Nature, history, and myth in Mimmo Paladino’s “Hortus Conclusus”

In 1992, noted Transavantgarde artist Mimmo Paladino created “Hortus Conclusus”, a permanent installation for the garden of the former Convent of San Domenico in Benevento, Campania.

The monastery’s garden is now dotted with his works, “designed to be an harmonic group, and tell the story of the city recalling the Samnite, Roman and Langobard eras. They mingle with what is left of columns, capitals, and broken frontons, generating a successful stylistic contrast. The ‘Bronze Horse’ dominates the ‘Hortus’ from the wall; the ‘Disk’ at the center of the space looks like a shield fallen from the sky, and has water spurting out of it; the ‘Shell’, ‘Bell’, ‘Horse Head’, ‘Ox Skull’, and ‘Helmets’: every symbol is a modern interpretation of Benevento’s tradition” (Vv. Aa., “I luoghi del contemporaneo”, Gangemi, Rome 2012).

“The overall meaning of this work,” according to art experts, “is that of a mysterious garden built by mythical cultures […] that tell us about their relationship with life, time, and nature, based on magical thinking instead of rationality.”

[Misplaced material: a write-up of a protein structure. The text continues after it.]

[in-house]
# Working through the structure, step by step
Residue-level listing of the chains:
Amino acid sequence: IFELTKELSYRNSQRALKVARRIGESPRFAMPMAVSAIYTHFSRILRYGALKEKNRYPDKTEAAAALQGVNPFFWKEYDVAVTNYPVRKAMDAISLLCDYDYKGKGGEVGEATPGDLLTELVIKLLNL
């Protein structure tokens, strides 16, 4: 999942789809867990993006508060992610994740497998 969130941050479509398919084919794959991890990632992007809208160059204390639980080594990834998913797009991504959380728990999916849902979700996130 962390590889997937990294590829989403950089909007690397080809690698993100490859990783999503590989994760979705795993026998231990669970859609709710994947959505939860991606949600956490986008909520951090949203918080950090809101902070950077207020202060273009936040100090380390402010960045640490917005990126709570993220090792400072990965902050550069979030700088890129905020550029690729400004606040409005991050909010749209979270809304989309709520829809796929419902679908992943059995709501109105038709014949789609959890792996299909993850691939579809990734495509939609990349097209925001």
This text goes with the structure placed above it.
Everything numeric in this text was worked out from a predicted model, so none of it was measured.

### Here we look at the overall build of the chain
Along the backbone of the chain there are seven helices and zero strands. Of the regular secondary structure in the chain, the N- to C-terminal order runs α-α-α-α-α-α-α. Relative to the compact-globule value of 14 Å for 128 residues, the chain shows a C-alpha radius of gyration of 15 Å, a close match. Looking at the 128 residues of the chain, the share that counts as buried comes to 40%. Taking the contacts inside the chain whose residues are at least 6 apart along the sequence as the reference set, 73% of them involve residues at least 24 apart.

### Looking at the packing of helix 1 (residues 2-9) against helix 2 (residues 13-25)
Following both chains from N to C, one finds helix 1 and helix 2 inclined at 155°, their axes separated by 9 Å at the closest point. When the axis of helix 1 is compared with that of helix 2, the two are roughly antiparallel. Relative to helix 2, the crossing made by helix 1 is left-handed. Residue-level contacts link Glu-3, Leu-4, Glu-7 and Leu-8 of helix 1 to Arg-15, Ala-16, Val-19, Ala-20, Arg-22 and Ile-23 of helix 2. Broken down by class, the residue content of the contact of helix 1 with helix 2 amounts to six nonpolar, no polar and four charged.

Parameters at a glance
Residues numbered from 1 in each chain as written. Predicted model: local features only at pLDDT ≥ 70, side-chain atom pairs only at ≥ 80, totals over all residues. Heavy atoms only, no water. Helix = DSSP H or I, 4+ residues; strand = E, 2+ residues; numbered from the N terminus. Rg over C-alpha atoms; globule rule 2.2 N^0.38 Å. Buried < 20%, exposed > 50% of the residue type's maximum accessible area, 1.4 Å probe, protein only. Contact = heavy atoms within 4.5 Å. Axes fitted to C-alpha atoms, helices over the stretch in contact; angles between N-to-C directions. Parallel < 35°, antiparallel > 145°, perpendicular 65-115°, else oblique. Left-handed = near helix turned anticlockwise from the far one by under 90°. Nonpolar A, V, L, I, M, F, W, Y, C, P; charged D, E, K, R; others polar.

Painters and sculptors from the Transavantgarde – an Italian artistic movement that started in the 1980s – often reclaim “art’s classical themes, and especially nature […] Paladino, lost in a superstructure that is archaic and fairytale-like at the same time,” offers us his “gaze, which finds in void and infinity the pleasure of its insufficiency, which can express catharsis only in front of the world’s magnificent disproportions” (translated from J.M Azcona, M. Re, D. de Azpiazu, “Sociedad del bienestar, vanguardias artísticas, terrorismo y contracultura”, Dykinson, Madrid 2011).

Enter this beautiful walled garden and see for yourself.

©hillman54, ©!, ©ettorephoto, ©Alessandra Lama, ©angie_Vlnt

Nature, history, and myth in Mimmo Paladino’s “Hortus Conclusus”

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